Undocumented immigrants are also more likely to face federal charges for marijuana possession. Unfortunately, the pardon does not address marijuana convictions for undocumented immigrants. Why would a non-citizen face punishment for something that citizens aren’t punished for?
If the pardon is supposed to be a first step in decriminalization (which I think it clearly is) then there must be significant movement to pardon people not only of simple possession but also of possession with intent to distribute.
States across the country are legalizing marijuana distribution but rhetoric often focuses solely on the criminalization of possession. White people with resources are beginning to open dispensaries while Black people remain in jail for the same actions. Charging someone with intent to distribute is often based on the quantity of marijuana one has. Intent is assumed if one possesses too much.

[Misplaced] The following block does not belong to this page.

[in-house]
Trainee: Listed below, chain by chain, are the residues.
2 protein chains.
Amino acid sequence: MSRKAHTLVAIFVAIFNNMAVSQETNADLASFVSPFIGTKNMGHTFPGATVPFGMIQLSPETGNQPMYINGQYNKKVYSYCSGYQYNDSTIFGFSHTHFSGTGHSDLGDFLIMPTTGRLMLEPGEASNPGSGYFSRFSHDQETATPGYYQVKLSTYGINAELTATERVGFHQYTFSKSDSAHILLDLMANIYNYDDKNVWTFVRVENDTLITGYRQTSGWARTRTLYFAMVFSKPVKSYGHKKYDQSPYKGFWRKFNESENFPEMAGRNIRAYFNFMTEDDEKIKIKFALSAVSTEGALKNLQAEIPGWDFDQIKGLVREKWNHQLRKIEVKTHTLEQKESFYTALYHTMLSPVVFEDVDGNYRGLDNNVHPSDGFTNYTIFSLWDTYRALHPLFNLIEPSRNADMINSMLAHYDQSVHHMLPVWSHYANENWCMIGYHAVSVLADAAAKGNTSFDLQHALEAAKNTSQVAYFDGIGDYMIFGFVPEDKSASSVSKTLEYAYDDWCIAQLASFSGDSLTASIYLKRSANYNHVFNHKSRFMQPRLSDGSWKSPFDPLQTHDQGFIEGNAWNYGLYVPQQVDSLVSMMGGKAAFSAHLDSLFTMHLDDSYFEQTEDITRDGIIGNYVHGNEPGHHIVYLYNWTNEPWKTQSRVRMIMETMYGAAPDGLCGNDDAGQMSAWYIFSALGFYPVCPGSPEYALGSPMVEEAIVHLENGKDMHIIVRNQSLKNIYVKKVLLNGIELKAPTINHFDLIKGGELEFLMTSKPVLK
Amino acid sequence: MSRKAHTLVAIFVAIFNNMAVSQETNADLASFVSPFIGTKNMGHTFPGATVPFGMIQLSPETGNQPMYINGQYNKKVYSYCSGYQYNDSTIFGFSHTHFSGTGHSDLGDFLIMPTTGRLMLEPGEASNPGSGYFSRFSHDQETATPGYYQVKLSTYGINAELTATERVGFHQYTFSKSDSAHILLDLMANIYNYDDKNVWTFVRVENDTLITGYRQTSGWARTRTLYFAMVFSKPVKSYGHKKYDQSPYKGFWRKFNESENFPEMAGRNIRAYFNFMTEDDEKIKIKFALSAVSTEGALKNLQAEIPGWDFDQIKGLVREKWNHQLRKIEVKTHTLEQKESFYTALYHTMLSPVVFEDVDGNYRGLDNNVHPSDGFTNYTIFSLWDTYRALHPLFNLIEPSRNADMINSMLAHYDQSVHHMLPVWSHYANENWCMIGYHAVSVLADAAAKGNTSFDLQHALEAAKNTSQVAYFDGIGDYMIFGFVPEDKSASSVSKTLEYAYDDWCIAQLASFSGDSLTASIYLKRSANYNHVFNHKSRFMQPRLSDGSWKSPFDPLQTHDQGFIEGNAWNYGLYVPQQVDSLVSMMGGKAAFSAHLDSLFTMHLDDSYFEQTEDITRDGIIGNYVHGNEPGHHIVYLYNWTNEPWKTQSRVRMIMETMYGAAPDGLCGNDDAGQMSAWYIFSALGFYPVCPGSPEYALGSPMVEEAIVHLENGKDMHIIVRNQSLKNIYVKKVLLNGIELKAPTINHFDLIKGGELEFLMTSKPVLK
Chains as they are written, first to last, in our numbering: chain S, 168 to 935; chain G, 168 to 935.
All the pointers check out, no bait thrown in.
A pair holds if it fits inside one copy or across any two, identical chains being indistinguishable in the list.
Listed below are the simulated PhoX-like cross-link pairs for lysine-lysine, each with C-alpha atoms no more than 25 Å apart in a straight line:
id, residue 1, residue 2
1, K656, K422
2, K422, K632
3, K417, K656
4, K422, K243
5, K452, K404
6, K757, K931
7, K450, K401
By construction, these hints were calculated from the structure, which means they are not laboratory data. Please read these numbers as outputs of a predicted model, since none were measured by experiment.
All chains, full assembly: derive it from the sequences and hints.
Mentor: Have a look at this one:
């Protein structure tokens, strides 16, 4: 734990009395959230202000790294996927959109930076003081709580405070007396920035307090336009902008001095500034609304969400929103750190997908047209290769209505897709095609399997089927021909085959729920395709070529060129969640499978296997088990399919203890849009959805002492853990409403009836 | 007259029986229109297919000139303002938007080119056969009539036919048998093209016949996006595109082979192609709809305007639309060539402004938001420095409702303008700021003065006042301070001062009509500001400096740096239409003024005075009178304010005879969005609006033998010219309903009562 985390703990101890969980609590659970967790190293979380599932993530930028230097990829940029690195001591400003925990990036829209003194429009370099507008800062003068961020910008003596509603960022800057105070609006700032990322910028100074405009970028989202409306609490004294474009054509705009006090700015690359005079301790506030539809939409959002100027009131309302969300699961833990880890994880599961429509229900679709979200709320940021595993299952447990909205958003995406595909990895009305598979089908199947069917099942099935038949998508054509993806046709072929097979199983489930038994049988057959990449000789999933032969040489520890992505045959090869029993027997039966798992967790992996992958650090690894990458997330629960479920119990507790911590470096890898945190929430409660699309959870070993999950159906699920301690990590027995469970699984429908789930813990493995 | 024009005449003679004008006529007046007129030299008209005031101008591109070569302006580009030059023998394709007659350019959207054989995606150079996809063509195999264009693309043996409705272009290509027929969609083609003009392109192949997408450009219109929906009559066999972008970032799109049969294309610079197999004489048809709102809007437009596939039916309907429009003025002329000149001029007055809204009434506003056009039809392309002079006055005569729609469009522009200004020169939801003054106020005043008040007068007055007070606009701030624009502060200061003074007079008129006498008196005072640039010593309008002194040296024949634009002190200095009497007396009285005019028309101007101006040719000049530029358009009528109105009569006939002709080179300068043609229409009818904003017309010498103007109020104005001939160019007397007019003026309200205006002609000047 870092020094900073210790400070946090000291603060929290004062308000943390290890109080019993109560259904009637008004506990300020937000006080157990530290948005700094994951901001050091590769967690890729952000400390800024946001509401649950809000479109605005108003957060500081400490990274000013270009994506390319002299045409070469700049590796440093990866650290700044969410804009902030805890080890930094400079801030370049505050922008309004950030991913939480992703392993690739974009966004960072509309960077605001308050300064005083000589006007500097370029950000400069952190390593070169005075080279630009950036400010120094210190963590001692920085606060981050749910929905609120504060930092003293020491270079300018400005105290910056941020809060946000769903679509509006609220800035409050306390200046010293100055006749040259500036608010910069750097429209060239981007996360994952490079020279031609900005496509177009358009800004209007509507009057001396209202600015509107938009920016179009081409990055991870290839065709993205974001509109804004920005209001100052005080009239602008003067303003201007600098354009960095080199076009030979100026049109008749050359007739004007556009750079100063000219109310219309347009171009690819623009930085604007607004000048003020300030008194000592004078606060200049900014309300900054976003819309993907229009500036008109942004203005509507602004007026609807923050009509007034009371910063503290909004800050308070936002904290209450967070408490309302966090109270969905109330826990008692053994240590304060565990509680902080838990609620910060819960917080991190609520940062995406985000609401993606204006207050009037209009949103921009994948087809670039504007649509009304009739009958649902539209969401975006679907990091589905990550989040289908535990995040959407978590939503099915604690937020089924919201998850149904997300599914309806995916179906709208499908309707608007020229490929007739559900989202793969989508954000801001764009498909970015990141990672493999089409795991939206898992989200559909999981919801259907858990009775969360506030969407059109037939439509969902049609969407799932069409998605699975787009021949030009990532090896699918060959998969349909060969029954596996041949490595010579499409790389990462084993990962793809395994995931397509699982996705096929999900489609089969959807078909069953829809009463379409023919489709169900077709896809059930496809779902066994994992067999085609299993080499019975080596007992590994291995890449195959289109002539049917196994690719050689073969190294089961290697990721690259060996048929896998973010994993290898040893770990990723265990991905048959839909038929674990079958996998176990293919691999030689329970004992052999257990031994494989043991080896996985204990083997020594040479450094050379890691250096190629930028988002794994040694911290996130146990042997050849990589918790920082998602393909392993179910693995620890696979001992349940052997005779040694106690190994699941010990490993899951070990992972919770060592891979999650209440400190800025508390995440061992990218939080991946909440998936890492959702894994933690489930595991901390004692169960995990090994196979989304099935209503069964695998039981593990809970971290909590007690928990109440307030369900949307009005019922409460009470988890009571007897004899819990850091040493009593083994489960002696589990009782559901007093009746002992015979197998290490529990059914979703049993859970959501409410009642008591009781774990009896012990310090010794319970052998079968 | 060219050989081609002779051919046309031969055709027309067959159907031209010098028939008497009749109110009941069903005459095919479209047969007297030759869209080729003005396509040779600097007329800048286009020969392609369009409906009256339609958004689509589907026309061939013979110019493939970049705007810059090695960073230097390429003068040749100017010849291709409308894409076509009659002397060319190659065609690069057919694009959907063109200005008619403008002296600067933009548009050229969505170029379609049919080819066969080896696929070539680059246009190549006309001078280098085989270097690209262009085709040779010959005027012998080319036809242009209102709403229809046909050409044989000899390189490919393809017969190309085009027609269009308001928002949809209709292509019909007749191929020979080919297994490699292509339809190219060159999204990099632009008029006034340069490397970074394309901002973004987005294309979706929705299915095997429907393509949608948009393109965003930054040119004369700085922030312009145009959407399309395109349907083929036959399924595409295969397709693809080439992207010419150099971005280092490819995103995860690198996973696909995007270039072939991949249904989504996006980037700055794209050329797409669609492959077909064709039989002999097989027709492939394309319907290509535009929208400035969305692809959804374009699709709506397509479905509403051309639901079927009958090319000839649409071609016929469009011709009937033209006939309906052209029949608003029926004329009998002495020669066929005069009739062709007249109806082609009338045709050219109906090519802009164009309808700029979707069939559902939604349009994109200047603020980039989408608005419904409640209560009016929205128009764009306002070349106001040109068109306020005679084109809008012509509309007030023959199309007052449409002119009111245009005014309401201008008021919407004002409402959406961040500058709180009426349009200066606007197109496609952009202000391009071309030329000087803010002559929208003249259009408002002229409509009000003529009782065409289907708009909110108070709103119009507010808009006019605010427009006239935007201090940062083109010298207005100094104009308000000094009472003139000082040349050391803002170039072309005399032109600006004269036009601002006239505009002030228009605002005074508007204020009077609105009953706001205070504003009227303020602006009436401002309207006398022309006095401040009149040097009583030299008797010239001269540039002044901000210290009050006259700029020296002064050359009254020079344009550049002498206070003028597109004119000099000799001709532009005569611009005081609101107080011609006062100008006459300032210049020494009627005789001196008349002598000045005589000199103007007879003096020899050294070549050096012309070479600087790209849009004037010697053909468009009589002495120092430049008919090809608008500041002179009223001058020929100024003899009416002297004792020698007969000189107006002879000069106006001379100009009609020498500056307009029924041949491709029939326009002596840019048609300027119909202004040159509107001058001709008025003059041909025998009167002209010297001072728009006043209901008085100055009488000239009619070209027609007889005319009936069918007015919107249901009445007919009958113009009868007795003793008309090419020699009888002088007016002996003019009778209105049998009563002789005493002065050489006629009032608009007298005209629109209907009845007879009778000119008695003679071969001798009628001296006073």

Our focus cannot solely be on decriminalizing marijuana but also on actually repairing the significant harm done to Brown and black communities. The war on drugs and mass incarceration were policies that came directly out of the civil rights movement as a backlash to ending segregation and Jim Crow. Before the civil rights movement, Black people were criminalized with blatantly racist laws criminalizing loitering or not having a job. After, criminalization had to become race neutral in the law and only racist in the application.
The answer was the war on drugs and the extreme disparate treatment of Black and white drug users.